I know Daylight Savings Time (DST) has its fans and foes, but life has been so much different since the time change and the advent of Spring! 9-5’ers now have a life after work, and hopefully the bitter sting of winter has passed. Winter wheat is out and grass is greening. However, with the good comes some health concerns, so this month let’s discuss a potpourri of childhood illnesses and other health and safety concerns
Childhood illnesses — Erythema Infectiosum (a.k.a. Fifth Disease or “Slapped Cheek” Syndrome) is a usually mild viral illness in children caused by Parvovirus B19, common in the spring. It begins with mild nonspecific symptoms like fever and runny nose. A few days later a characteristic redness of the cheeks (as if the child’s cheeks had been slapped) appears. An itchy, lacy rash follows on the trunk and extremities, and even on the bottoms of the feet. Although symptoms usually resolve in about a week, the illness can last several weeks. Although Fifth Disease is more common in children, adults can get it and are more likely to complain of painful joints for several weeks. The disease is caught by exposure to respiratory secretions from an infected person in the first stages of the illness. It can also be transmitted by blood, and pregnant women can pass the virus to their unborn child. Once you’ve had Fifth Disease, you usually are protected and do not get it again. Treatment is symptomatic, and the disease eventually goes away spontaneously in healthy people. Immuno-compromised people (e.g. cancer, leukemia, HIV) are at greater risk of severe complications. Prevention involves the usual — frequent hand washing, avoiding persons who are ill, and staying home from work or school when ill.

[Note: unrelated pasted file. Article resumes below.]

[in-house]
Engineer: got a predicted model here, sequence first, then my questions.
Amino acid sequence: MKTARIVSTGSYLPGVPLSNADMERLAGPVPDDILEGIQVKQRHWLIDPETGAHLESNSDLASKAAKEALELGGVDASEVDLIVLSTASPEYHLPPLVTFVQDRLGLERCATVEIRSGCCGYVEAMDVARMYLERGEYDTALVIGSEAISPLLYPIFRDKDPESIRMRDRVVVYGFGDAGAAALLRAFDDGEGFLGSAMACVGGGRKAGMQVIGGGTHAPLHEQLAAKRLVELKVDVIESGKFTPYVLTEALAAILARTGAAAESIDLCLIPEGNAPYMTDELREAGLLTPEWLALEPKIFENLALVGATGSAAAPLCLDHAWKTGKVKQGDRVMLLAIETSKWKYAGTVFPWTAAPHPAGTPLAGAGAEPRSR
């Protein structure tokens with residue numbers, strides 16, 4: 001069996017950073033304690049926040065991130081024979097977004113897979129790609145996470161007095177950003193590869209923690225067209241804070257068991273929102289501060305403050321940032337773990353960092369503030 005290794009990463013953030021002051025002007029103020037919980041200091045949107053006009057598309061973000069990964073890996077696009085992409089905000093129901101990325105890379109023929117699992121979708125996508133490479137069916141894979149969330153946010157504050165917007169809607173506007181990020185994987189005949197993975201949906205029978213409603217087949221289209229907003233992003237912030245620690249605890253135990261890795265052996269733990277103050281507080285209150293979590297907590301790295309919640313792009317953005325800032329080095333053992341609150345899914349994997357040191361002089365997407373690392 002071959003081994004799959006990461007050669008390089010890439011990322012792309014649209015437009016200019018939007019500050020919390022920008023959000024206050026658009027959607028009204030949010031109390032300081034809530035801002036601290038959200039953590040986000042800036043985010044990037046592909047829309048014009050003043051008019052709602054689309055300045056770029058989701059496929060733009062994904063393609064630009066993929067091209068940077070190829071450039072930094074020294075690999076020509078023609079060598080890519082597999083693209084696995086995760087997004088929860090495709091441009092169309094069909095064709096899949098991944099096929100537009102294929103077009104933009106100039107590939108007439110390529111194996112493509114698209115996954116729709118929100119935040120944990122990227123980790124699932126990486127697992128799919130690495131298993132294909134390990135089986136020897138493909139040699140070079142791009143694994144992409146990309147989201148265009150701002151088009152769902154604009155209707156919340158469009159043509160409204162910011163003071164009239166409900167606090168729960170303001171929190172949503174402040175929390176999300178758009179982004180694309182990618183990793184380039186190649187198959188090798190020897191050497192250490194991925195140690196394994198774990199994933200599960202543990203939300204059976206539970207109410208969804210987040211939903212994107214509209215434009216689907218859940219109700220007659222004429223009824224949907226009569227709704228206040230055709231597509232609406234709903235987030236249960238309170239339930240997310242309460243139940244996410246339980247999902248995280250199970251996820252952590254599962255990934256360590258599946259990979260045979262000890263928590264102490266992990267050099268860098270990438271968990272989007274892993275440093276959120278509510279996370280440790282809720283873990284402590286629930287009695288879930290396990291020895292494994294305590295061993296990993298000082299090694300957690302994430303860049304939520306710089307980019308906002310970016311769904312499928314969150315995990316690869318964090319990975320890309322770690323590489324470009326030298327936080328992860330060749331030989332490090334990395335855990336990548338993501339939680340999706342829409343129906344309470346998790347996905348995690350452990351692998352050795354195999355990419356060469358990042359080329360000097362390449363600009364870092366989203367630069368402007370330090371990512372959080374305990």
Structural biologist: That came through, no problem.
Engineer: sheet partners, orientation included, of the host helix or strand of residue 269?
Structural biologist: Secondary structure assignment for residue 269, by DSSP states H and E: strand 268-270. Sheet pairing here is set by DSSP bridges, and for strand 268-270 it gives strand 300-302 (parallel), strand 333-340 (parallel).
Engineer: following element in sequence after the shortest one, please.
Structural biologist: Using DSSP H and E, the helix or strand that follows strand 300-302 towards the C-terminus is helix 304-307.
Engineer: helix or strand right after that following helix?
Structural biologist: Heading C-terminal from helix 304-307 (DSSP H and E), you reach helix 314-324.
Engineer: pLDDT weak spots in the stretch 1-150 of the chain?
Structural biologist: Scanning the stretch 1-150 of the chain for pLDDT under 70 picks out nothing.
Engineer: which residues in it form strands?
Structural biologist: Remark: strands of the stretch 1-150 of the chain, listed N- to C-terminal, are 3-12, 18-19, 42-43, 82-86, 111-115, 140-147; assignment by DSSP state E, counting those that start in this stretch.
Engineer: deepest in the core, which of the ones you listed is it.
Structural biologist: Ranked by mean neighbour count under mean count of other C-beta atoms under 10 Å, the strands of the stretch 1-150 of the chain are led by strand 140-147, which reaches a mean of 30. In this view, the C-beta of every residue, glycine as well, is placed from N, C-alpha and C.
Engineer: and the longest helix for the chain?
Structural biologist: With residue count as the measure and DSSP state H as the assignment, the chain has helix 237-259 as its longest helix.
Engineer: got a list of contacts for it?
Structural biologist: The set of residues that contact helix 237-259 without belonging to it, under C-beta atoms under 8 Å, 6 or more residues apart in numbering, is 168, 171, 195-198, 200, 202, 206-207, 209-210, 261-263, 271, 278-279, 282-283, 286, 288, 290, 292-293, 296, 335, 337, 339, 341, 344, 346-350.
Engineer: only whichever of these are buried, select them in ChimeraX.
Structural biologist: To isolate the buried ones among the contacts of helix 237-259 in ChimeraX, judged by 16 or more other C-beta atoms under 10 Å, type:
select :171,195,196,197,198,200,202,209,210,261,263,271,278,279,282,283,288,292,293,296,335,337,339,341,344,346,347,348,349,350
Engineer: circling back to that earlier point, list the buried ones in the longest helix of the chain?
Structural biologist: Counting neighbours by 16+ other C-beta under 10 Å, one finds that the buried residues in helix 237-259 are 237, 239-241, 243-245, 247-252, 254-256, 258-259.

Hand, foot, and mouth disease (HFMD) is also common in the warmer months, extending into the fall. This is another usually mild viral disease, this one being caused by one of the family of picornaviuses, the most common being Coxsackievirus A16 and Enterovirus 71. The illness is most common in children, starts with fever, fatigue, and sore throat, and usually involves a rash on the hands and feet, with painful sores in the mouth. Transmission is by way of nose and throat fluids, and even via ingested fluid containing feces in recreational water (e.g. insufficiently chlorinated swimming pools). Like Fifth Disease, treatment of HFMD is symptomatic, and prevention is general good health and hygiene. HFMD should not be confused with Hoof and Mouth Disease, a disease of livestock.
As the weather tempts us to get outside more, next month we will discuss tick-borne infectious diseases. These are also common in the warmer months when ticks and people are outside and active. Besides infectious diseases, warmer weather should alert us to other dangers to our health. It’s not too early to use sunscreen with a high SPF. Each year people get taken by surprise by the just-beginning-to-warm temperatures and end up with a serious sunburn from being outside too long with insufficient skin protection.
Of course, camping is a favorite activity in the warmer months, and we all see raccoons in campgrounds and other wooded areas. Did you know that those cute raccoons can carry the roundworm Baylisascaris? Ingestion of soil (children seem to like eating dirt!) in areas frequented by raccoons can lead to a rare but serious roundworm infection. Keep garbage contained tightly closed, and avoid specific areas where raccoons are frequent, especially when children are present.
So to get the most enjoyment from the warming days ahead, take some common sense precautions and avoid annoying to life-threatening conditions putting a damper on your fun. Stay safe and enjoy the warmer weather!
Dr. Fleming is the Medical Director of The Jane Pauley Community Health Center (closely affiliated with Community Health Network). Ideas for this column can be e-mailed to Dr. Fleming at AskDrFleming@gmail.com. Or you can write your medical questions to Dr, Fleming at AskDrFleming, 8931 E. 30th Street, Indianapolis, IN 46218. On written correspondence, please include your name and city (names will not be published).
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